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China and Japan: facing history

By: Vogel, Ezra F.
Material type: materialTypeLabelBookPublisher: Cambridge The Belknap Press 2019Description: x, 523 p. Includes references and index.ISBN: 9780674916579.Subject(s): Diplomatic relations | International relations | Civilization - Japanese influencesDDC classification: 327.51052 Summary: One of the world’s most eminent scholars of East Asia reveals the important touchstones in the long history between China and Japan and argues that for the sake of world stability they must forge a new relationship for the twenty-first century. China and Japan have cultural and political connections that stretch back fifteen hundred years. But today their relationship is strained. China’s military buildup deeply worries Japan, while Japan’s brutal occupation of China in World War II remains an open wound. In recent years less than ten percent of each population had positive feelings toward the other, and both countries insist that the other side must deal openly with its history before relations can improve. From the sixth century, when the Japanese adopted core elements of Chinese civilization, to the late twentieth century, when China looked to Japan for a path to capitalism, Ezra Vogel’s China and Japan examines key turning points in Sino–Japanese history. Throughout much of their past, the two countries maintained deep cultural ties, but China, with its great civilization and resources, had the upper hand. Japan’s success in modernizing in the nineteenth century and its victory in the 1895 Sino–Japanese War changed the dynamic, putting Japan in the dominant position. The bitter legacy of World War II has made cooperation difficult, despite efforts to promote trade and, more recently, tourism. Vogel underscores the need for Japan to offer a thorough apology for the war, but he also urges China to recognize Japan as a potential vital partner in the region. He argues that for the sake of stable world order, these two Asian giants must reset their relationship, starting with their common interests in environmental protection, disaster relief, global economic development, and scientific research. https://www.hup.harvard.edu/catalog.php?isbn=9780674916579
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Table of Contents

Chapter 1: Chinese Contributions to Japanese Civilization, 600–838
Chapter 2: Trade without Transformative Learning, 838–1862
Chapter 3: Responding to Western Challenges and Reopening Relations, 1839–1882
Chapter 4: Rivalry in Korea and the Sino–Japanese War, 1882–1895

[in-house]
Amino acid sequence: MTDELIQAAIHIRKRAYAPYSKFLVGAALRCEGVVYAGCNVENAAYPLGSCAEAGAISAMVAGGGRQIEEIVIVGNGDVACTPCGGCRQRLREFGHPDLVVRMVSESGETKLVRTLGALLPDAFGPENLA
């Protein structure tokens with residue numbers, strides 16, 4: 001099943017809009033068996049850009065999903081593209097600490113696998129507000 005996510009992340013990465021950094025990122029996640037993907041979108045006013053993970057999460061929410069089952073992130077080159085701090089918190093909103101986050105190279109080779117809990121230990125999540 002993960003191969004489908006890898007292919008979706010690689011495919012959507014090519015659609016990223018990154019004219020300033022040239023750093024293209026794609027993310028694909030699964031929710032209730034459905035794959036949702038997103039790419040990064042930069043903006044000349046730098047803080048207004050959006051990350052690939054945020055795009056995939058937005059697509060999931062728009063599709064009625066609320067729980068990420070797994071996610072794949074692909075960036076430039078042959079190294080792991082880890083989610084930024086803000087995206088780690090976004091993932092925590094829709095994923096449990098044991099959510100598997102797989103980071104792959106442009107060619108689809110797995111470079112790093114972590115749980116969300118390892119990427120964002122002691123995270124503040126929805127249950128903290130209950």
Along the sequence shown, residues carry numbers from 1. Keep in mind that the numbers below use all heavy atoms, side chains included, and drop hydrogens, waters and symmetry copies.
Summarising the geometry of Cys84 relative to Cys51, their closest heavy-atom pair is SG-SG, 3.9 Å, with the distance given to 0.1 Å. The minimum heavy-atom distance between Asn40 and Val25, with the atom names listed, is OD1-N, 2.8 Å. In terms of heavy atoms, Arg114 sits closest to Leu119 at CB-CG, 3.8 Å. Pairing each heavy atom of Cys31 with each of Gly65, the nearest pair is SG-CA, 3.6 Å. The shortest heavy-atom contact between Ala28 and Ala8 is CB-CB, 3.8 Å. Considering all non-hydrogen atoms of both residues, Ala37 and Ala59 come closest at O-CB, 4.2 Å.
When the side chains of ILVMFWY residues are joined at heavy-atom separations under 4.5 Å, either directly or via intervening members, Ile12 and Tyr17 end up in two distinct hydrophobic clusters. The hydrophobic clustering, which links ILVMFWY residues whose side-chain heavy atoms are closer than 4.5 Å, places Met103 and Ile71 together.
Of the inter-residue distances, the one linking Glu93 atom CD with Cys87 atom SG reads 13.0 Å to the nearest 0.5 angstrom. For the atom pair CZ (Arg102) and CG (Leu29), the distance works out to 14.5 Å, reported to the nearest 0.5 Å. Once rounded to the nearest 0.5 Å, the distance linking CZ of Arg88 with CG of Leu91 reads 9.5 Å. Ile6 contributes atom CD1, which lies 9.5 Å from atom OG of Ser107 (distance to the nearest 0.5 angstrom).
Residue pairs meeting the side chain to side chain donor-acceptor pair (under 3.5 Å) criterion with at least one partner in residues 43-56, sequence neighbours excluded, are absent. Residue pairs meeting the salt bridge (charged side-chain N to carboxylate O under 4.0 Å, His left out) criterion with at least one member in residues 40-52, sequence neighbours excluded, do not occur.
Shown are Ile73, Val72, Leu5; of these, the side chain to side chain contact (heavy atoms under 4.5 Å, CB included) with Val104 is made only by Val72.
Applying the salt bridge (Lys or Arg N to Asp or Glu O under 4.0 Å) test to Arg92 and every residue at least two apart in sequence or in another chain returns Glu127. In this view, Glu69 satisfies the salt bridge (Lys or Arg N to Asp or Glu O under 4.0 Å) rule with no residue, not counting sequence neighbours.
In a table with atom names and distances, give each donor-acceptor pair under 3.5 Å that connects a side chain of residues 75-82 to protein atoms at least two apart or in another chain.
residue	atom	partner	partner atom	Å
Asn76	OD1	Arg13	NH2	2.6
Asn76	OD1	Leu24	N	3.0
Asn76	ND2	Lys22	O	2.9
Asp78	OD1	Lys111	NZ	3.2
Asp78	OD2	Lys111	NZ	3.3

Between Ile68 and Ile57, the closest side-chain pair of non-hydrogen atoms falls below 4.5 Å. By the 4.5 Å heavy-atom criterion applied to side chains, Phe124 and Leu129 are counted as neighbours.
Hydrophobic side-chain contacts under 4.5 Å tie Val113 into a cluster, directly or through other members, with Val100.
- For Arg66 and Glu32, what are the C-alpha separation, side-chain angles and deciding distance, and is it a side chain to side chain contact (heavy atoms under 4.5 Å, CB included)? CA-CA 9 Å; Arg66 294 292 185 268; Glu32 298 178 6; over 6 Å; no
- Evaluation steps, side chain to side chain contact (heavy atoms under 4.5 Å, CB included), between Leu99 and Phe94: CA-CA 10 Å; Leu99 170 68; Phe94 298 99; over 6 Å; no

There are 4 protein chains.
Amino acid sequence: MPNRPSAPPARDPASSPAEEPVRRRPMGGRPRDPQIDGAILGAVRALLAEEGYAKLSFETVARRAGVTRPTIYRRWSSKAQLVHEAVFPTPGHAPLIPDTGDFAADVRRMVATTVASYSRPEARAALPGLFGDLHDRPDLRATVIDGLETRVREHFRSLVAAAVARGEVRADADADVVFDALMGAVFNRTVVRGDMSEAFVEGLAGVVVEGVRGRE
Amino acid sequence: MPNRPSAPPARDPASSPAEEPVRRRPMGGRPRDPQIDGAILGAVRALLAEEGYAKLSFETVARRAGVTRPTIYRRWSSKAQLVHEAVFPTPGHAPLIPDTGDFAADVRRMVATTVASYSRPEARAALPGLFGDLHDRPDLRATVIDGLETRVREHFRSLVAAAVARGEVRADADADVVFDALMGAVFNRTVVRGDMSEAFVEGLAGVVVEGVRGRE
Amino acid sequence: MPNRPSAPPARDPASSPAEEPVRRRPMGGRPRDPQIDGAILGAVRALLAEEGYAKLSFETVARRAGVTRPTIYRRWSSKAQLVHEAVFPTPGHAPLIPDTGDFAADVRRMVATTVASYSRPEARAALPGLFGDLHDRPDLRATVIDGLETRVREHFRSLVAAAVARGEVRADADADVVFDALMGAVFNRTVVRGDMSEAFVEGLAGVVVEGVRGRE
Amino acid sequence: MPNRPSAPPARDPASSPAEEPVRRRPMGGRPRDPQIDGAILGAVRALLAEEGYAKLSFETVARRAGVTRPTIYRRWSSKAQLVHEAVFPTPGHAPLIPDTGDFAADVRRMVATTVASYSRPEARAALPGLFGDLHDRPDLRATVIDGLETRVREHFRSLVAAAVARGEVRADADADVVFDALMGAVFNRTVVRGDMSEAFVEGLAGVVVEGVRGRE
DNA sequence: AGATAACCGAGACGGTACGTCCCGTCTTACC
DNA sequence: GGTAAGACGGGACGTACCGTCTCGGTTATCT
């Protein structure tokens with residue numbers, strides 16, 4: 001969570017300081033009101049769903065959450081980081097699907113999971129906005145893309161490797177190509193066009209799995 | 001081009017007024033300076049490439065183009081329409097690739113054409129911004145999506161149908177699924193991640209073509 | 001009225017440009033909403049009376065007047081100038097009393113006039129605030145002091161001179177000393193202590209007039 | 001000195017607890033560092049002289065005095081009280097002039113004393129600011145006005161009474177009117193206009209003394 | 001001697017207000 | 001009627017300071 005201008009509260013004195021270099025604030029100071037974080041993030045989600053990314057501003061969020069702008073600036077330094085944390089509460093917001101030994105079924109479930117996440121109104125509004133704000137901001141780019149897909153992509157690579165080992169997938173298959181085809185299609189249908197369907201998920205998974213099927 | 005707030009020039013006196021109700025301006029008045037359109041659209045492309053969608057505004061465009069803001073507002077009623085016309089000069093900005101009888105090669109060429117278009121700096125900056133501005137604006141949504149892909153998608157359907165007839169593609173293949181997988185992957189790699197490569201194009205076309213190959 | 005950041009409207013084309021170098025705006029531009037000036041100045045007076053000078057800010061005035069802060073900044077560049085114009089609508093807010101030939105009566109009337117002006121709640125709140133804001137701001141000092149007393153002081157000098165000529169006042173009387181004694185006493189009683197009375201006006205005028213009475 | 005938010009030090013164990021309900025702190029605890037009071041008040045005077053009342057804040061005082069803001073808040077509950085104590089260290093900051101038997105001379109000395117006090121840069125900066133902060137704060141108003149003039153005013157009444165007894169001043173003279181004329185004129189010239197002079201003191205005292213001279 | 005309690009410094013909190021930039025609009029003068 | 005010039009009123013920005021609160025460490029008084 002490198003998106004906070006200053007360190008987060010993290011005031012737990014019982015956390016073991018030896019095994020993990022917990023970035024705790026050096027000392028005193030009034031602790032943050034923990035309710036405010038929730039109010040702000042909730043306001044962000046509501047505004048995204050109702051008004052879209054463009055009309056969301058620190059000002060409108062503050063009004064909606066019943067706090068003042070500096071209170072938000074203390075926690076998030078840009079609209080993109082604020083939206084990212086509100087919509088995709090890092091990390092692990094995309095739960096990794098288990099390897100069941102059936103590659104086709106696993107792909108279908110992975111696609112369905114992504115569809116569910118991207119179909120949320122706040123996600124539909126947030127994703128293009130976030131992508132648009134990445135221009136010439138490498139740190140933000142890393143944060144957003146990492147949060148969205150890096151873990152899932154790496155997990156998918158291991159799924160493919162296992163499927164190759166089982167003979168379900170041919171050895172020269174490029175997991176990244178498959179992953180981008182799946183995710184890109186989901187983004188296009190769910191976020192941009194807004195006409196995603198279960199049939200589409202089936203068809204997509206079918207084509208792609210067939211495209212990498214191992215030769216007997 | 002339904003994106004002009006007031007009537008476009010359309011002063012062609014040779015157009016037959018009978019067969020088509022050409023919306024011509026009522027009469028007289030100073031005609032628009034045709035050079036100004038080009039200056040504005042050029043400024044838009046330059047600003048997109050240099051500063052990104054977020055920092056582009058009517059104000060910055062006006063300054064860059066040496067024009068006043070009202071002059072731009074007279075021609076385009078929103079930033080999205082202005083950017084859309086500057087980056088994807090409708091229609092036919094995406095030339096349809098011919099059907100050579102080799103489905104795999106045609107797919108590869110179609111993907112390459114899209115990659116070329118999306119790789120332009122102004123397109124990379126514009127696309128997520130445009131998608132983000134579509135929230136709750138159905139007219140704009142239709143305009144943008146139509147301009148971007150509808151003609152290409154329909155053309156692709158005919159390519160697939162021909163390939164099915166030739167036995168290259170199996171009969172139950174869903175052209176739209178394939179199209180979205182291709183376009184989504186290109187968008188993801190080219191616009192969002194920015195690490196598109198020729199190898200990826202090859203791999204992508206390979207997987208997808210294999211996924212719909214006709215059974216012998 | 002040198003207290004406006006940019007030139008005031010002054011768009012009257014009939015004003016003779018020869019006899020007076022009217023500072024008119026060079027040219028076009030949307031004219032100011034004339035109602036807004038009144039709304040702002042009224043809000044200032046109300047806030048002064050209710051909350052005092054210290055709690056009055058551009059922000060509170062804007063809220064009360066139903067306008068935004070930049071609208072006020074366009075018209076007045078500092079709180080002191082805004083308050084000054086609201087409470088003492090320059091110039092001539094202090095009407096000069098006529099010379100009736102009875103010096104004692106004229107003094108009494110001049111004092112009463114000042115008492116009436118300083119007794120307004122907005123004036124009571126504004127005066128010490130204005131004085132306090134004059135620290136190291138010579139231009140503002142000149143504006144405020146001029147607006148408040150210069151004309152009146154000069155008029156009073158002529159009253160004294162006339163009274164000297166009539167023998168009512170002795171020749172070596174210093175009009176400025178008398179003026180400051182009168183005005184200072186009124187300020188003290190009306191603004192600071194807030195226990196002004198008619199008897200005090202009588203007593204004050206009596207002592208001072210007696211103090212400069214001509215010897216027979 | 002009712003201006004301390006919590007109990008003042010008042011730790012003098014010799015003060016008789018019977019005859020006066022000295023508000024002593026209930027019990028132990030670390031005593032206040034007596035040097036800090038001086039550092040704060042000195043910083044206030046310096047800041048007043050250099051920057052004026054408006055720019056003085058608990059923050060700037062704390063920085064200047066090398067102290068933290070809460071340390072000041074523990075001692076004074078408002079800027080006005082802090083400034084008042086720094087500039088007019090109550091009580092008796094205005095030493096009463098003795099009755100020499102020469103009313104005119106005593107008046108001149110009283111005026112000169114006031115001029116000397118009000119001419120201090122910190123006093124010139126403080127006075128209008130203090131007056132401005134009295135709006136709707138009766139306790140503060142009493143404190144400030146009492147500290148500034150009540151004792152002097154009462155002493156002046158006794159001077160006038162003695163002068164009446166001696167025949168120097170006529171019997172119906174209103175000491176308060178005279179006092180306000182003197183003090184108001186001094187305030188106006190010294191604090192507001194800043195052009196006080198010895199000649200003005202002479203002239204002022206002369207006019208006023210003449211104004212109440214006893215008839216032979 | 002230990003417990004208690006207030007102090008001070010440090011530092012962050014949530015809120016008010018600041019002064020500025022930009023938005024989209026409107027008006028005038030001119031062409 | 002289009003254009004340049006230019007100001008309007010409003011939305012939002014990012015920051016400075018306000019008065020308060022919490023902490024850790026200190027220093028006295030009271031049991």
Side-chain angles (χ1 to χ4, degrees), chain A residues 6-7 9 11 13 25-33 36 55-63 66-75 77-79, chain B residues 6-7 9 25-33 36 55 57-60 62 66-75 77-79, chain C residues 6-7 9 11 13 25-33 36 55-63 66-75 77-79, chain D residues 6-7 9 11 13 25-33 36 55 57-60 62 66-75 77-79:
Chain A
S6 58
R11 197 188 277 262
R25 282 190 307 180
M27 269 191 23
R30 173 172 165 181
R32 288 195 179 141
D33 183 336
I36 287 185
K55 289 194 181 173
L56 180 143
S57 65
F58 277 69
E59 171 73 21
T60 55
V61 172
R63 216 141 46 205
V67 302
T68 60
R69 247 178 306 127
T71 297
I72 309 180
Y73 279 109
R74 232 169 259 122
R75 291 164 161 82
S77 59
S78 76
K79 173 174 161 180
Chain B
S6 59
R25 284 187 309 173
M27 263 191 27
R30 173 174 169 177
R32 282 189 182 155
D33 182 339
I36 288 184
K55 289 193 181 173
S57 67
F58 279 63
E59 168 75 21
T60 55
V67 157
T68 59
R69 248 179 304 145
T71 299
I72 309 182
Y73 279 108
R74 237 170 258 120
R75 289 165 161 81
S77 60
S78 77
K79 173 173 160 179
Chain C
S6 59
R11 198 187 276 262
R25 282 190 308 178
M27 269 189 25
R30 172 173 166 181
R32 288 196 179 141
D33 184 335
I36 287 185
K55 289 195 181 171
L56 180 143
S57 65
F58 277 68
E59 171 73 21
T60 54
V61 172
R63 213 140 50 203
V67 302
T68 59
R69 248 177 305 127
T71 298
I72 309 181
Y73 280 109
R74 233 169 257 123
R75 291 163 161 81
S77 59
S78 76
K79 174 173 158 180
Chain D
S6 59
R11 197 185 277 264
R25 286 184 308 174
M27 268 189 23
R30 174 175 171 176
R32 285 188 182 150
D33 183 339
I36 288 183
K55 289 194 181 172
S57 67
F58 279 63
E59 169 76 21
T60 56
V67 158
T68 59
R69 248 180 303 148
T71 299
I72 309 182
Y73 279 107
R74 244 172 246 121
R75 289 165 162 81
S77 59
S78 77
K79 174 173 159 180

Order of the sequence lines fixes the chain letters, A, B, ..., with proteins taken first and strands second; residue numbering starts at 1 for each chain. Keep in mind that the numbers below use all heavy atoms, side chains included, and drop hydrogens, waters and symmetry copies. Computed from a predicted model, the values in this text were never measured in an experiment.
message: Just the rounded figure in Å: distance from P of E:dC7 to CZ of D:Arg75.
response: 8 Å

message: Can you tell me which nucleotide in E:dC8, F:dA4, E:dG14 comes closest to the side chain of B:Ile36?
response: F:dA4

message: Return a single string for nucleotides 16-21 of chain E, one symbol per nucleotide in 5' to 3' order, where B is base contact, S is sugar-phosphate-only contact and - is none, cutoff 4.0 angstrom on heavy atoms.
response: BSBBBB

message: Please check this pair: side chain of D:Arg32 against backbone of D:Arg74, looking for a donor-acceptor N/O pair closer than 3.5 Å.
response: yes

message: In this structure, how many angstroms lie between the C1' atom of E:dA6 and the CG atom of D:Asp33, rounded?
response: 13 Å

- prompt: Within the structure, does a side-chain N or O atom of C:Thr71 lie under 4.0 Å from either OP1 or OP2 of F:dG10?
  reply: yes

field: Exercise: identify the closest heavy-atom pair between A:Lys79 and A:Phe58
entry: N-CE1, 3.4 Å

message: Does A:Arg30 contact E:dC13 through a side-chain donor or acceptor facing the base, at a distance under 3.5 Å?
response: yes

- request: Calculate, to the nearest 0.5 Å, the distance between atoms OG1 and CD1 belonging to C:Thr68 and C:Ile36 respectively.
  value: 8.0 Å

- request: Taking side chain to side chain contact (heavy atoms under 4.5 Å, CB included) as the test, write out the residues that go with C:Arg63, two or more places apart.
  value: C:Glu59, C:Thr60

Chapter 5: Japanese Lessons for a Modernizing China, 1895–1937 with Paula S. Harrell
Chapter 6: The Colonization of Taiwan and Manchuria, 1895–1945
Chapter 7: Political Disorder and the Road to War, 1911–1937 with Richard Dyck
Chapter 8: The Sino–Japanese War, 1937–1945
Chapter 9: The Collapse of the Japanese Empire and the Cold War, 1945–1972
Chapter 10: Working Together, 1972–1992
Chapter 11: The Deterioration of Sino–Japanese Relations, 1992–2018
Chapter 12: Facing the New Era
Biographies of Key Figures
Notes
Sources and Further Reading
Acknowledgments
Index

One of the world’s most eminent scholars of East Asia reveals the important touchstones in the long history between China and Japan and argues that for the sake of world stability they must forge a new relationship for the twenty-first century.
China and Japan have cultural and political connections that stretch back fifteen hundred years. But today their relationship is strained. China’s military buildup deeply worries Japan, while Japan’s brutal occupation of China in World War II remains an open wound. In recent years less than ten percent of each population had positive feelings toward the other, and both countries insist that the other side must deal openly with its history before relations can improve.
From the sixth century, when the Japanese adopted core elements of Chinese civilization, to the late twentieth century, when China looked to Japan for a path to capitalism, Ezra Vogel’s China and Japan examines key turning points in Sino–Japanese history. Throughout much of their past, the two countries maintained deep cultural ties, but China, with its great civilization and resources, had the upper hand. Japan’s success in modernizing in the nineteenth century and its victory in the 1895 Sino–Japanese War changed the dynamic, putting Japan in the dominant position. The bitter legacy of World War II has made cooperation difficult, despite efforts to promote trade and, more recently, tourism.
Vogel underscores the need for Japan to offer a thorough apology for the war, but he also urges China to recognize Japan as a potential vital partner in the region. He argues that for the sake of stable world order, these two Asian giants must reset their relationship, starting with their common interests in environmental protection, disaster relief, global economic development, and scientific research.

https://www.hup.harvard.edu/catalog.php?isbn=9780674916579

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